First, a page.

WESTLAKE VILLAGE, Calif.-There are five key factors drive bank customer satisfaction, and most top-performing banks are doing well in all but one, according to J.D. Power and Associates.
Not surprisingly, banks dropped in fee satisfaction, a 31-point decline to 625 on a 1,000-point scale (see related story), but most top performers are doing well in problem-prevention, facilities, live phone services, and branch greeting. J.D. Power refers to these metrics as Key Performance Indicators (KPIs).
According to Michael Beird, director of banking services practice, the elite banks consistently miss scoring well in less than three KPIs. "The more KPIs you miss, the lower your satisfaction score is."
The metric that has the biggest impact on the overall satisfaction rating, according to Beird, is problem resolution. "They key here is preventing problems before they happen," said Beird during a recent Bankerstuff webinar.
But what may surprise some, Beird noted, is that branch appearance comes in second for affecting customer satisfaction. "This reinforces the importance of looking at the security at your branches and their look and feel."
Beird said that key aspects of look and feel are exterior elements-such as the parking lot, trash picked up, and the building's coat of paint-as well as the interior. "Make sure the carpet is clean. Many of these little things we become desensitized to as branch managers."
Emphasis has been placed by banks on the number of branches and the branch hours, noted Beird, who said that branch appearance "dwarfed" those elements within the facilities rating. "The appearance of the branch impacts 34% of the facilities customer satisfaction score. It is as much about making sure your branches are attractive as it is staying open later and on weekends."
Customers are certainly satisfied when more branches are near where they live and work, however steps can be taken to improve customer satisfaction if a financial institution does not have the bricks and mortar. "If you have only one branch in the community you have not lost the satisfaction game," Beird said. "But you do have to make sure that the appearance of your branch is above criticism. Make sure it is clean, stylistically appealing, and has good security elements, lighting, and signage. If you have only one branch, it has to hit a home run."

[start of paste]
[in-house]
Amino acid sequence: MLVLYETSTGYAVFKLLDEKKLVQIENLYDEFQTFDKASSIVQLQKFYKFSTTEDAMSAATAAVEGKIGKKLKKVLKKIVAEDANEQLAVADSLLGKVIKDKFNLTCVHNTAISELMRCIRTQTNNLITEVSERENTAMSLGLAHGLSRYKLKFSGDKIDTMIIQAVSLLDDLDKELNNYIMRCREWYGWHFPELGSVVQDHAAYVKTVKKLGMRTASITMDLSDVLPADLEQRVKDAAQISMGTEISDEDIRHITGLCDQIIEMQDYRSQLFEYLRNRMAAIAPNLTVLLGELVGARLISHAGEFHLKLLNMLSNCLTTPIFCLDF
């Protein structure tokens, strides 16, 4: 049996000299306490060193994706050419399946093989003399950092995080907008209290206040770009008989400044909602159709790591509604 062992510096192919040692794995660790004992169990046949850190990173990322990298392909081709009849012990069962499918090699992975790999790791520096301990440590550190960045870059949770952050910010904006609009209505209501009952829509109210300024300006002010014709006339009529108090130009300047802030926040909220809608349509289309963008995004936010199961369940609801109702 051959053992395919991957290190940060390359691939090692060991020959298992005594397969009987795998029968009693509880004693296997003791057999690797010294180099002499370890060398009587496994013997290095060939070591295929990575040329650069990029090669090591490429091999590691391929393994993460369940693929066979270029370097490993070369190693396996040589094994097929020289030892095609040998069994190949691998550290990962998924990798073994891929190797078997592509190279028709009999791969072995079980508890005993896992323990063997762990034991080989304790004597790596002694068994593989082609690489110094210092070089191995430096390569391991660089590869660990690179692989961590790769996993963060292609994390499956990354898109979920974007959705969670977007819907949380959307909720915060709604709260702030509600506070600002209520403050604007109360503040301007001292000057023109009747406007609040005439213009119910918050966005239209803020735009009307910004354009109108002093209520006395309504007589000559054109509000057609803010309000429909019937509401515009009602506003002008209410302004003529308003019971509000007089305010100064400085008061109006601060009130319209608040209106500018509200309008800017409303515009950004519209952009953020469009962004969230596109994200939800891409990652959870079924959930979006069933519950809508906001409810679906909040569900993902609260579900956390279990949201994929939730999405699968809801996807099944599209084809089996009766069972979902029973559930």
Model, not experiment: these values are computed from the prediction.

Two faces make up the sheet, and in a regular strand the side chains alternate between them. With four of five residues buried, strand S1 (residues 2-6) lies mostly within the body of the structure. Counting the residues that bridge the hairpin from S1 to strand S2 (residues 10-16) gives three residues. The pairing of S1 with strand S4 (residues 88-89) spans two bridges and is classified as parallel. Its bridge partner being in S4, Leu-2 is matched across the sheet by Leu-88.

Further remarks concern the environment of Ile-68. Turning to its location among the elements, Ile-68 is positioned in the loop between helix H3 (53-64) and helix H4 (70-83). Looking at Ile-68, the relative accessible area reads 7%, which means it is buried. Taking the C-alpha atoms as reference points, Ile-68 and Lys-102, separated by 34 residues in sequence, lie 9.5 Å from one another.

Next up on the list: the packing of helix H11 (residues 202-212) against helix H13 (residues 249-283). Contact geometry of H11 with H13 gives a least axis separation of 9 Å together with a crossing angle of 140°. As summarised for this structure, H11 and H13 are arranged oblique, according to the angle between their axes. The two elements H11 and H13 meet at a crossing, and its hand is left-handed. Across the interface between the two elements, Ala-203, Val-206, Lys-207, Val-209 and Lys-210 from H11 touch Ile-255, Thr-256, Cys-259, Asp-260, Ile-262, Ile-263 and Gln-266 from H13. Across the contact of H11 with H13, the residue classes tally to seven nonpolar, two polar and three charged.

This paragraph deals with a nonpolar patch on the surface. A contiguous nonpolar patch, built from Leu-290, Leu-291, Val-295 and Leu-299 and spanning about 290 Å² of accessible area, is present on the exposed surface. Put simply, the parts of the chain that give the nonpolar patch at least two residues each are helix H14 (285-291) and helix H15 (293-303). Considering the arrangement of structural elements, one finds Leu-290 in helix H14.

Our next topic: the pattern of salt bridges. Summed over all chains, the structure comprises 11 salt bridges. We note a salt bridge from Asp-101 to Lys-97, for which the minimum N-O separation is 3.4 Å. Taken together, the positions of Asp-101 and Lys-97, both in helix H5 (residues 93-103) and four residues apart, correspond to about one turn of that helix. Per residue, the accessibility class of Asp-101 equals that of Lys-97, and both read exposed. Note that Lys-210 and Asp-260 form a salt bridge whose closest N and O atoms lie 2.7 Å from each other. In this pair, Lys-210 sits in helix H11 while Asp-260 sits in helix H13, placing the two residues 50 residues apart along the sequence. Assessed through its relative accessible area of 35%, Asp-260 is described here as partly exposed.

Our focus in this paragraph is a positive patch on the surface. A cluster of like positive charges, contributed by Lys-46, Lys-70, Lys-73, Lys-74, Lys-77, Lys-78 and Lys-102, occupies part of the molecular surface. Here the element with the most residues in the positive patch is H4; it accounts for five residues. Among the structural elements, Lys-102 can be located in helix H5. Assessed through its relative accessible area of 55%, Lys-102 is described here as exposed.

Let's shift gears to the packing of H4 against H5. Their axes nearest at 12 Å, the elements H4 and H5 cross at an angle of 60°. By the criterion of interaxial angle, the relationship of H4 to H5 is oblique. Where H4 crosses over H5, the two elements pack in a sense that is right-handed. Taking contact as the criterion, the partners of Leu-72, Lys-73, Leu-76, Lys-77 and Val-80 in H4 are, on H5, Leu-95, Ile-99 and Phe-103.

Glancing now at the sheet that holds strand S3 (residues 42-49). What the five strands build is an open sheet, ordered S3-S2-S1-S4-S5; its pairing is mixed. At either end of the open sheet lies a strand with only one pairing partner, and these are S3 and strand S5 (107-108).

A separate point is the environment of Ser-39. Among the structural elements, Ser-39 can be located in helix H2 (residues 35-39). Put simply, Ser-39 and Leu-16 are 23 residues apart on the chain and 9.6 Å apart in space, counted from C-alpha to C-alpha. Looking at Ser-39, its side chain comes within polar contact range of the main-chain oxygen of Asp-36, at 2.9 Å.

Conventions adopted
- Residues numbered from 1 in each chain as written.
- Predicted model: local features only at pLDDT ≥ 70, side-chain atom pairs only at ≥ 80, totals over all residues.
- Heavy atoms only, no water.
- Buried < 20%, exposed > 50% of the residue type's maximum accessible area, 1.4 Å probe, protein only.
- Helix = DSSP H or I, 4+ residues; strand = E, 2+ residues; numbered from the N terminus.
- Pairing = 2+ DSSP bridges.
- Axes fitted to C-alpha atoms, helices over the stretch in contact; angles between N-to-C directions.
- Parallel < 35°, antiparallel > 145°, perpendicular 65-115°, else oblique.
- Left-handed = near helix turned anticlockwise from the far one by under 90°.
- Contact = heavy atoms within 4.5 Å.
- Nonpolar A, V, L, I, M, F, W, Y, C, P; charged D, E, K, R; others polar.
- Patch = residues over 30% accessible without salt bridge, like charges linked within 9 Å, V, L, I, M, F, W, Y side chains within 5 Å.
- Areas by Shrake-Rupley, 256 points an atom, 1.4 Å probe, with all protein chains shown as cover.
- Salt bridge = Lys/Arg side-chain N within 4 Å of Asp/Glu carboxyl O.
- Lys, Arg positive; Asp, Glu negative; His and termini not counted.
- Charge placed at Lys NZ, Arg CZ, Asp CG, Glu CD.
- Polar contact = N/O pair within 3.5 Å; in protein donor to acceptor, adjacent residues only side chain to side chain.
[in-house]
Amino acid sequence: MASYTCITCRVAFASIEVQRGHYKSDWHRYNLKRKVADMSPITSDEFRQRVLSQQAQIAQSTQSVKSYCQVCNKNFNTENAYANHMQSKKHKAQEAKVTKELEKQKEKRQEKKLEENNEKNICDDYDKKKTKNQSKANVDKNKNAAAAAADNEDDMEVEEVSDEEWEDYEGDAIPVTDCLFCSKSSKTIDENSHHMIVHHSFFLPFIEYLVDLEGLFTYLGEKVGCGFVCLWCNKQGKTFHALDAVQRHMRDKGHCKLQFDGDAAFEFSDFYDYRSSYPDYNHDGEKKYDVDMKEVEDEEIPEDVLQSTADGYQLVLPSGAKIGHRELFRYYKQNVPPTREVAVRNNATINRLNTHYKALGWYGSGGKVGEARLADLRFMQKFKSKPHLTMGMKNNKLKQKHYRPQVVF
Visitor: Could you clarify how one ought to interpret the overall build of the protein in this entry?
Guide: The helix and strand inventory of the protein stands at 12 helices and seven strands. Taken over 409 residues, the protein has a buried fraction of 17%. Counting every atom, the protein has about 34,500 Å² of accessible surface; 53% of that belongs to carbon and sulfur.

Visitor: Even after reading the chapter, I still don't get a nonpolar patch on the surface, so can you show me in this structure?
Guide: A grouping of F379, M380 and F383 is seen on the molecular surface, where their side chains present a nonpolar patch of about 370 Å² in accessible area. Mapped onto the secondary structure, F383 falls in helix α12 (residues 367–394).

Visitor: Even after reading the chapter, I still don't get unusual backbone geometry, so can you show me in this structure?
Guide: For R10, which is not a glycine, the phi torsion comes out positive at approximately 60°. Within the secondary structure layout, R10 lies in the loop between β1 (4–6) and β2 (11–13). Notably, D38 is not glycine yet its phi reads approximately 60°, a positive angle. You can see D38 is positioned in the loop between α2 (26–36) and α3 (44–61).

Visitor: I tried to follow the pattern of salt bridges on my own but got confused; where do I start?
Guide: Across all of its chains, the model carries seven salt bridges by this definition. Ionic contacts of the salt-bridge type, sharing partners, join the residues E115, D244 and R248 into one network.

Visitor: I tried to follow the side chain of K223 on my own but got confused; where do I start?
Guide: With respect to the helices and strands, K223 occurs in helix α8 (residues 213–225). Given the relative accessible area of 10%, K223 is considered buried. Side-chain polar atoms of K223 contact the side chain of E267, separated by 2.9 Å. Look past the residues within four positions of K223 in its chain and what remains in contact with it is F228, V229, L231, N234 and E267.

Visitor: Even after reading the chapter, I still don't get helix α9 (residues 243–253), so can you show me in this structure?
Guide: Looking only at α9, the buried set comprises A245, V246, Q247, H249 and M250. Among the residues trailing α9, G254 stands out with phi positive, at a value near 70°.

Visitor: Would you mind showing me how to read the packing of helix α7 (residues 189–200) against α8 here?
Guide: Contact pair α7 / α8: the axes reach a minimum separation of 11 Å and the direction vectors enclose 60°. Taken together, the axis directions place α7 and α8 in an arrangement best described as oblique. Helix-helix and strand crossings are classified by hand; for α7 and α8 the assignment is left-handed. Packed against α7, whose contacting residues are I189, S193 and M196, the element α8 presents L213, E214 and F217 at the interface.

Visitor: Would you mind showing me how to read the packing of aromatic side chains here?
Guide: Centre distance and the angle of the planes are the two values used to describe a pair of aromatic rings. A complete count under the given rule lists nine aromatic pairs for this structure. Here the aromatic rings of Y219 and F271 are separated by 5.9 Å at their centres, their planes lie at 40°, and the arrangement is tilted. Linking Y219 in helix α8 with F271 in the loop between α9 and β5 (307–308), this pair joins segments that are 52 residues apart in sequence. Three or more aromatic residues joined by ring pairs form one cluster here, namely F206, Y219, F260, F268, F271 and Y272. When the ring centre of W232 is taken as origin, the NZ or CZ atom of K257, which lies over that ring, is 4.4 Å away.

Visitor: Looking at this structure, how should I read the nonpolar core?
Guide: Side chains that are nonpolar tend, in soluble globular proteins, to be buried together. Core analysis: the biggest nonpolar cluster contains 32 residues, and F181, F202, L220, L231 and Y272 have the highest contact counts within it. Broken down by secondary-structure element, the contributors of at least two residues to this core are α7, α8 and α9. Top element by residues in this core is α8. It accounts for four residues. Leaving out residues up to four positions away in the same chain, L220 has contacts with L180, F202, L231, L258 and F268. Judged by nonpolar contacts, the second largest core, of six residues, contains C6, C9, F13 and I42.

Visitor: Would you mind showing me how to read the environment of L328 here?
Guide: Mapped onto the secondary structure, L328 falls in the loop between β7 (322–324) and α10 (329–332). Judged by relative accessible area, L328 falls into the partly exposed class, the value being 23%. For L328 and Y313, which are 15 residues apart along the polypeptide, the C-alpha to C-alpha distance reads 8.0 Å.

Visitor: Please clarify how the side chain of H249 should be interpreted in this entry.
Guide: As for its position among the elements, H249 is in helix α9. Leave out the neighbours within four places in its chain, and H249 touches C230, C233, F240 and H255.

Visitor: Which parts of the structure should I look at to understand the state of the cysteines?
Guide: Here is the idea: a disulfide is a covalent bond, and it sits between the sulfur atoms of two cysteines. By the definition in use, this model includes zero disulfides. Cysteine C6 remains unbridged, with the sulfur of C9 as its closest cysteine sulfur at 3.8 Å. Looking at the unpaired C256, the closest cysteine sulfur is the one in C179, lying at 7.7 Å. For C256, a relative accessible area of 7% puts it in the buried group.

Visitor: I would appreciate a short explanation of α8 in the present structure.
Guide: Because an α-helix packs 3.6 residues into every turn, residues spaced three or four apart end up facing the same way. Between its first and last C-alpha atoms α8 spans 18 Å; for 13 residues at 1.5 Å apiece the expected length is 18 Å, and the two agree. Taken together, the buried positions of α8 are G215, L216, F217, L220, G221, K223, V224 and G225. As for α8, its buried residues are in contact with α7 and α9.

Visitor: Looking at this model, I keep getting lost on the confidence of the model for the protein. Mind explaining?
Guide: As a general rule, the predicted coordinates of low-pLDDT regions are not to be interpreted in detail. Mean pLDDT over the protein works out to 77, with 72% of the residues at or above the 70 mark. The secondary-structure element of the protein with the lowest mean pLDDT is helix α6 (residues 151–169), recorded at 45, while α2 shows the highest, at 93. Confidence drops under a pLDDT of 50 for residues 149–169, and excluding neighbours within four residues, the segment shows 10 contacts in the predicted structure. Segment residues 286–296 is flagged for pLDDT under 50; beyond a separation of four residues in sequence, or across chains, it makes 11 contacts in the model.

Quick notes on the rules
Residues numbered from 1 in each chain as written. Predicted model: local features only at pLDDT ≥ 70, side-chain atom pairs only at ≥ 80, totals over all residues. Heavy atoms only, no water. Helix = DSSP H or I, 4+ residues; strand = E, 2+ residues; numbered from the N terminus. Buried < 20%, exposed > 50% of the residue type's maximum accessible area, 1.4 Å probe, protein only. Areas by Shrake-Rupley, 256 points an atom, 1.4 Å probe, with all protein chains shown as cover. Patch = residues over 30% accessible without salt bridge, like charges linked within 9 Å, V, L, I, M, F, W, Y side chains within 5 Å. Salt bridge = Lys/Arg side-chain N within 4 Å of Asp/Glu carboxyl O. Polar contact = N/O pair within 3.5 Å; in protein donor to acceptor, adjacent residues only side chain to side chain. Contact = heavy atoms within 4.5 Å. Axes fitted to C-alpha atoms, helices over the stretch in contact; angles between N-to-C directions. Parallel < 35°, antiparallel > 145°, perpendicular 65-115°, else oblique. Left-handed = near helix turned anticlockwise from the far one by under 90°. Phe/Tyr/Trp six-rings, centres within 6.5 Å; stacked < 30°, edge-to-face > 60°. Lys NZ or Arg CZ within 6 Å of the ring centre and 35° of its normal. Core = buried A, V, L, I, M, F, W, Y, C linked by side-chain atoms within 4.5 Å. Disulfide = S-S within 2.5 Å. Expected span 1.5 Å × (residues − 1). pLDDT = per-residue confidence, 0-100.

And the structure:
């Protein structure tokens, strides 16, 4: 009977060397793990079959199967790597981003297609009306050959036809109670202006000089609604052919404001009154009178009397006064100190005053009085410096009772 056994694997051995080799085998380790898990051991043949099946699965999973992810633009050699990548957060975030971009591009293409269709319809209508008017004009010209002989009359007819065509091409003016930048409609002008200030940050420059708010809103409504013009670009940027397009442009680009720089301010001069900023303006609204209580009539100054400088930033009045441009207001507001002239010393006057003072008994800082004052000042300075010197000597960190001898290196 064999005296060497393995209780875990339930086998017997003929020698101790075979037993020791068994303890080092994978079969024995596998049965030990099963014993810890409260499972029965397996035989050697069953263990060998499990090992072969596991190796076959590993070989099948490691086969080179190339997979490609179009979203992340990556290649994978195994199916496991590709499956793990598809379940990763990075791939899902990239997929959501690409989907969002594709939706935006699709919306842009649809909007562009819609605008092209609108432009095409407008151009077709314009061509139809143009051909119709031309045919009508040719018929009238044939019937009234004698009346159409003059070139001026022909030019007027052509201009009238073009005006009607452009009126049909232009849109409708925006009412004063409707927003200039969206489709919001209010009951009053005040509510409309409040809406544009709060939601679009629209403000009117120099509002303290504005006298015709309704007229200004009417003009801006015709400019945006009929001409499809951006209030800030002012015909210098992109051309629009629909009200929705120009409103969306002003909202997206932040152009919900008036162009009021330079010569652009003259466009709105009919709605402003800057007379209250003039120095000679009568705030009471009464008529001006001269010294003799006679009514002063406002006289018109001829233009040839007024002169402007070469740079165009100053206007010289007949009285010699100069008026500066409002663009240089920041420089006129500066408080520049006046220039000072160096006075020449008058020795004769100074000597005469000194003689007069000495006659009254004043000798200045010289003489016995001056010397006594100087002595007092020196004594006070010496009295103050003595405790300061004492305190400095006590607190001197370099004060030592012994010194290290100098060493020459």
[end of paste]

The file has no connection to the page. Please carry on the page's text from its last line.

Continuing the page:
Despite the focus on mobile banking and emerging payment technologies, live phone customer service is next in line at impacting satisfaction scores, pointed out Beird. "It still goes back to the fact that the standard phone call is a critical point of contact for most customers."
Beird added that banks that fared well in this category typically make sure staff are always pleasant, thank customers for their business, and have customer information ready or pull it up immediately when the customer calls. "The customer does not have to give a lot of information, or give information over and over again."
Fee structure came in fourth, and Beird noted that keeping fees stable is one of the most the most important steps banks can take to keep customers happy (see related story).
The final of the top-five KPIs is the branch greeting, which Beird reminded does not mean having a dedicated greeter in the lobby. He explained that when front-line staff simply acknowledge someone when they come in, whether that be with a glance and a smile, or letting them know they will be with them soon, improves satisfaction scores. "The average satisfaction score is 768 (out of 1,000) when someone is greeted versus 693 when they are not," Beird explained.
A greeting even improves customer tolerance for a longer wait in line. "The average satisfaction score is 734 for those who had zero wait time but were not greeted," shared Beird.
"Yet customers who were greeted and waited six to 10 minutes had higher satisfaction scores than those who had zero wait time but were not greeted. This reinforces that before you spend money on hiring a new teller to drive down wait time, some simple additional steps, like a greeting, might mitigate your problems."